The Hungry Brain

We are looking at an article written by Dan Hurley, back when a major corner was being turned, in terms of what researchers thought they should be looking for, versus what actually turned out to be the case. Dan Hurley describes several twists and turns in that search. At the time, neurobiologists were beginning to catch on that the brain, not the stomach, is the mastermind behind hunger.

They assumed that their search would be for one of those legendary silver bullets, a simple hormonal answer that would obligingly instruct the brain to signal “too much” or at the very least, to recognize the signpost of “enough.” But it was not meant to be. Dan Hurley wrote for Discover magazine,

The latest studies show that a multitude of systems in the brain act in concert to encourage eating. Targeting a single neuronal system is probably doomed to the same ill fate as the failed diets themselves. Because the brain has so many backup systems all geared toward the same thing — maximizing the body’s intake of calories — no single silver bullet will ever work.

The “hungry brain” referenced in our title was contributed by biomedical researcher Hans-Rudolf Berthoud’s phrase, “hungry brain syndrome.”  The brain has two elementary motives: to make us eat, and to make us defend against the loss of any fat we have already gained from eating. How could we convince the brain to stop telling us to eat, and stop telling us to desperately hang onto body fat?

The hormones

To many people, hormones are the chemicals that induce us to flirt with members of the opposite sex, and then partner with them to reproduce more members of our species. But they do so much more. Leptin, as we have seen, is supposed to tell our hypothalamus when we have had enough to eat. Could supplementary leptin be introduced into the system to curb the appetite? Some early experiments with mice seemed promising, but the leptinizing of humans turned out to be a dead end, at least as far as promoting weight loss. It does seem helpful in maintaining weight loss that has already been accomplished.

While leptin says “stop eating,” ghrelin says “swallow everything you can wrap your mouth around.” Originating in the gut, it creates the sensation of hunger and interferes with the metabolism, to jam up the works and preserve the body’s fat. All right then, could ghrelin be induced to behave itself? Only if significant portions of the body are removed via gastric bypass surgery. Hurley writes,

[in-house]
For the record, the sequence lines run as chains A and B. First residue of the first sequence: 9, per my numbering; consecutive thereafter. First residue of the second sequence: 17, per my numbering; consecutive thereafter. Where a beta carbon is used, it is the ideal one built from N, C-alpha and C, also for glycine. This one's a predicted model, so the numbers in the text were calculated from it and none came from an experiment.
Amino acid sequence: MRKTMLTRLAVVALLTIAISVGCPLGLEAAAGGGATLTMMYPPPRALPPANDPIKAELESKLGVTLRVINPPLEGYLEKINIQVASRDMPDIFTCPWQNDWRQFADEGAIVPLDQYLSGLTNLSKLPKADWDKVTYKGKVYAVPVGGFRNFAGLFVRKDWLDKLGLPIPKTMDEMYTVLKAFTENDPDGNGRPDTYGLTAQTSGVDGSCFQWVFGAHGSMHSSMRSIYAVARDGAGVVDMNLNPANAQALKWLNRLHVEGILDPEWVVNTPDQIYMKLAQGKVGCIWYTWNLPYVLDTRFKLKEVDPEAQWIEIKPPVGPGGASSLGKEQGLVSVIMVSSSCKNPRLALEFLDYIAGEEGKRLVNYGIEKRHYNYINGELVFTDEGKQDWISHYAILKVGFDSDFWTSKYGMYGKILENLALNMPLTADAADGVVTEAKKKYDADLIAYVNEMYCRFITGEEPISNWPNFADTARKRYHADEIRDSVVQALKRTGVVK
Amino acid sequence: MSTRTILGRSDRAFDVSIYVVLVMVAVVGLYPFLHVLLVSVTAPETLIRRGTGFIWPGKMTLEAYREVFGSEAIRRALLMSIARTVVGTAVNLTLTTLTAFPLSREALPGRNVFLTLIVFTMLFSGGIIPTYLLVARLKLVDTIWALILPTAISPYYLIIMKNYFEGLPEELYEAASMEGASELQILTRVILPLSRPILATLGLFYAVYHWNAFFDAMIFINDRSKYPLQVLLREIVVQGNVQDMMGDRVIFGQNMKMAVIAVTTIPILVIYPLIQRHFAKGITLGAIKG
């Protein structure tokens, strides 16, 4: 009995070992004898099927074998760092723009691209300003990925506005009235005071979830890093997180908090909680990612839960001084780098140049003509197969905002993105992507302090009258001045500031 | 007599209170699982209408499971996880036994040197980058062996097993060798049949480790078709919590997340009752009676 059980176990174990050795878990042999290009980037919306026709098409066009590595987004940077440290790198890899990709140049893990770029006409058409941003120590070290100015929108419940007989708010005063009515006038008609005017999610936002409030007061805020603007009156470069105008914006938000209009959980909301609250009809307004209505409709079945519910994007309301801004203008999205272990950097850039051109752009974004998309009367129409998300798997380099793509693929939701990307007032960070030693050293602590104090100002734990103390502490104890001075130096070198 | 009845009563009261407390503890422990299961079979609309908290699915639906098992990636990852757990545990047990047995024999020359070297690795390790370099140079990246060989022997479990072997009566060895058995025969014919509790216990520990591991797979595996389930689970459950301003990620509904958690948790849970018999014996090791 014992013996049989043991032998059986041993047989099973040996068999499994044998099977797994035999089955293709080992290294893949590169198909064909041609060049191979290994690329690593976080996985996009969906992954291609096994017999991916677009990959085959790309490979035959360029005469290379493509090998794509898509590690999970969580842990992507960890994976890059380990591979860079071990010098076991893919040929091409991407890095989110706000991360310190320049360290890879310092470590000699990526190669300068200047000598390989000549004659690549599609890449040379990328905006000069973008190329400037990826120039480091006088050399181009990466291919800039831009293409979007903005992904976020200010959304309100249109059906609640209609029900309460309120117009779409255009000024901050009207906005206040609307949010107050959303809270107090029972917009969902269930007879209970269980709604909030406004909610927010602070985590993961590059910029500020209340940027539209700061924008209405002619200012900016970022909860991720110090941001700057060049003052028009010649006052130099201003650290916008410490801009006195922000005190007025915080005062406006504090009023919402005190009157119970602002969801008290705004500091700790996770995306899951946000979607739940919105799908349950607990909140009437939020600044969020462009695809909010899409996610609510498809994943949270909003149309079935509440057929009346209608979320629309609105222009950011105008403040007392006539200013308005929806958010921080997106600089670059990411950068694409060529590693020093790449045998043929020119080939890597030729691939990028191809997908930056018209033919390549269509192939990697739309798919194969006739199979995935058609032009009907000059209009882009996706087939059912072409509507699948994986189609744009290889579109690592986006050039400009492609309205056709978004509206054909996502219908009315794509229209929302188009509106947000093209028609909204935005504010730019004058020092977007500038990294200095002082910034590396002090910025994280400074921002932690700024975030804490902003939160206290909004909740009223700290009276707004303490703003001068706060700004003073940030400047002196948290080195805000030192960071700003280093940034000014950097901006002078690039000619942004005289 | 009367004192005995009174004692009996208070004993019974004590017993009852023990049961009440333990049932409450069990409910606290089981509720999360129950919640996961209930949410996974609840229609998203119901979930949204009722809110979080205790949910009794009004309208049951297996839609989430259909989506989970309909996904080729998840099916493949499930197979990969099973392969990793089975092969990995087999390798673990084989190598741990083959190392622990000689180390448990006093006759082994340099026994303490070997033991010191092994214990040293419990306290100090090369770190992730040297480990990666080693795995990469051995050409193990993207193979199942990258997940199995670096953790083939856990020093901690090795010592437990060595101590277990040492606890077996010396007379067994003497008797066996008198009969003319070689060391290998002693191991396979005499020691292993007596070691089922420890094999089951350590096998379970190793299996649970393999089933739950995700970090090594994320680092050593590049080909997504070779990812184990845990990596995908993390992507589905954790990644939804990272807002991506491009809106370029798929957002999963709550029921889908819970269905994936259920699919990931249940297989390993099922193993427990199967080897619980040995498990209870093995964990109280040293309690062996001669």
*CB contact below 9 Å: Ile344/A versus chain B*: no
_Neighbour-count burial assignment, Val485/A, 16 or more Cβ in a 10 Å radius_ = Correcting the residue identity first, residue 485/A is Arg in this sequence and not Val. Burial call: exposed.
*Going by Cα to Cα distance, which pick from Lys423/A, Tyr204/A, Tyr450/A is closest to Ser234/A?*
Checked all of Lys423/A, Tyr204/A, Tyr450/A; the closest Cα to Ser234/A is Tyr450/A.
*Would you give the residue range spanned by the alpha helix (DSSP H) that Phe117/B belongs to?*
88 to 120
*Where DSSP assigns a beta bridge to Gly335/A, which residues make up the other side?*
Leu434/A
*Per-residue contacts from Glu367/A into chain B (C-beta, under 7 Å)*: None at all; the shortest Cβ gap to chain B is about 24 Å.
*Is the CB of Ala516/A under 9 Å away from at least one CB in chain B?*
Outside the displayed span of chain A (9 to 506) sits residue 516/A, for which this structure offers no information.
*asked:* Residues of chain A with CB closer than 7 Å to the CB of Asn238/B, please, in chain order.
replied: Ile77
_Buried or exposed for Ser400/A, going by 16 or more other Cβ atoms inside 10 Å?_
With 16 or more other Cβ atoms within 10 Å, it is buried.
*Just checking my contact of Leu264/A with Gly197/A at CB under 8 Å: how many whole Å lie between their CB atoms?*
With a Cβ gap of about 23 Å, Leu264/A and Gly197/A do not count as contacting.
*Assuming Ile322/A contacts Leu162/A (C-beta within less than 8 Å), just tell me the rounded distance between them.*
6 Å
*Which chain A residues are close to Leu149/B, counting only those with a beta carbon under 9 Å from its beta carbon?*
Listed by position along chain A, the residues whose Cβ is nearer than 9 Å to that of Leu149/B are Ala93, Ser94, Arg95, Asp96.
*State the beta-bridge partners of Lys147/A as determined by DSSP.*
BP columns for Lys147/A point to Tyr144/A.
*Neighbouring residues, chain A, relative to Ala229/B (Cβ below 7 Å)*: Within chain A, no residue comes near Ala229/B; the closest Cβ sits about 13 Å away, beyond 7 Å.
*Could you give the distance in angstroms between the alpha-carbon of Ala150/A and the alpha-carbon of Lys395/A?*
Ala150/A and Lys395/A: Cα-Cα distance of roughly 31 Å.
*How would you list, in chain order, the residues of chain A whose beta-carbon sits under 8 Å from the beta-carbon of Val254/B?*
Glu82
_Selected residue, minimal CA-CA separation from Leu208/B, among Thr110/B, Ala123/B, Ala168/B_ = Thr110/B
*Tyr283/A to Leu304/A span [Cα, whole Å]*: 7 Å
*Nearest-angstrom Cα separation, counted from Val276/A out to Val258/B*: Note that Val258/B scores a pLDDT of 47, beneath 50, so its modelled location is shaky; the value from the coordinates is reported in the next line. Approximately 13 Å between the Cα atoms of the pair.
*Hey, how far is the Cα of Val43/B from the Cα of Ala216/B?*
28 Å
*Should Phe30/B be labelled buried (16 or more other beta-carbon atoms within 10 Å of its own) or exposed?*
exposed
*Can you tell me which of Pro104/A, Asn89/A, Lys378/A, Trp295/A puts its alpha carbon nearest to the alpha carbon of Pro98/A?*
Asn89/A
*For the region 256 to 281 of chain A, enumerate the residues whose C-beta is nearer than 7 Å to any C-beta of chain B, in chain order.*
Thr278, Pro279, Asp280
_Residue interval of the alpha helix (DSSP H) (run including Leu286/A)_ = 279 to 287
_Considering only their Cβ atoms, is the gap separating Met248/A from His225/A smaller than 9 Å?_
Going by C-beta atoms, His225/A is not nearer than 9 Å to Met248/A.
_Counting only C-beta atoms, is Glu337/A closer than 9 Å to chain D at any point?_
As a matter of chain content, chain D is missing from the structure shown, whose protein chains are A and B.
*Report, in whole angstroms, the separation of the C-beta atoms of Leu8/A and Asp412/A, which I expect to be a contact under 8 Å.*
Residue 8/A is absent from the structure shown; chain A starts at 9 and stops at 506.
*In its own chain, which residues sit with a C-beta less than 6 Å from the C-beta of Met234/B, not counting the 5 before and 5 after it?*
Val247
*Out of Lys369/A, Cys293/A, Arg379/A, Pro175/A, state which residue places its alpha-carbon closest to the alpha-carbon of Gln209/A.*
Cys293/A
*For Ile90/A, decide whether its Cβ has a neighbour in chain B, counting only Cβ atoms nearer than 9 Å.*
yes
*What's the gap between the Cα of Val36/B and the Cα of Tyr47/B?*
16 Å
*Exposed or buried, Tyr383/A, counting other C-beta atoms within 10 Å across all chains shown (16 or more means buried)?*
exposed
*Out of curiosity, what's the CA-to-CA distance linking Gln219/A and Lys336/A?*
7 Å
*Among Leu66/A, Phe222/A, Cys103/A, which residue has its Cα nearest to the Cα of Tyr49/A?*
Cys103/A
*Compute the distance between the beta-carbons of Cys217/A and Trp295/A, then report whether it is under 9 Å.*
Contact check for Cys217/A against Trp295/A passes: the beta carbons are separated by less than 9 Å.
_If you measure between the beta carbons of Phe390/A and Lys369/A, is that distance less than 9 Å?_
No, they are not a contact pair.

For dieters, the more weight lost, the greater the rise in ghrelin, as if the body were telling the brain to get hungry and regain that weight. By contrast, the big losers in the surgical group saw ghrelin levels fall to the floor. Surgical patients never felt increases in appetite and had an easier time maintaining their weight loss as a result. (A newer weight-loss surgery removes most of the ghrelin-producing cells outright.)

One might ask, what does this have to do with the BrainWeighve mobile application?

(To be continued…)

Your responses and feedback are welcome!

Source: “A New Suspect in the Obesity Epidemic: Our Brains,”, 08/22/11
Image by Dierk Schaefer/CC BY 2.0

Leave a Reply

Your email address will not be published. Required fields are marked *

FAQs and Media Requests: Click here…

Profiles: Kids Struggling with Weight

Profiles: Kids Struggling with Obesity top bottom

The Book

OVERWEIGHT: What Kids Say explores the obesity problem from the often-overlooked perspective of children struggling with being overweight.

About Dr. Robert A. Pretlow

Dr. Robert A. Pretlow is a pediatrician and childhood obesity specialist. He has been researching and spreading awareness on the childhood obesity epidemic in the US for more than a decade.
You can contact Dr. Pretlow at:


Dr. Pretlow’s invited presentation at the American Society of Animal Science 2020 Conference
What’s Causing Obesity in Companion Animals and What Can We Do About It

Dr. Pretlow’s invited presentation at the World Obesity Federation 2019 Conference:
Food/Eating Addiction and the Displacement Mechanism

Dr. Pretlow’s Multi-Center Clinical Trial Kick-off Speech 2018:
Obesity: Tackling the Root Cause

Dr. Pretlow’s 2017 Workshop on
Treatment of Obesity Using the Addiction Model

Dr. Pretlow’s invited presentation for
TEC and UNC 2016

Dr. Pretlow’s invited presentation at the 2015 Obesity Summit in London, UK.

Dr. Pretlow’s invited keynote at the 2014 European Childhood Obesity Group Congress in Salzburg, Austria.

Dr. Pretlow’s presentation at the 2013 European Congress on Obesity in Liverpool, UK.

Dr. Pretlow’s presentation at the 2011 International Conference on Childhood Obesity in Lisbon, Portugal.

Dr. Pretlow’s presentation at the 2010 Uniting Against Childhood Obesity Conference in Houston, TX.

Food & Health Resources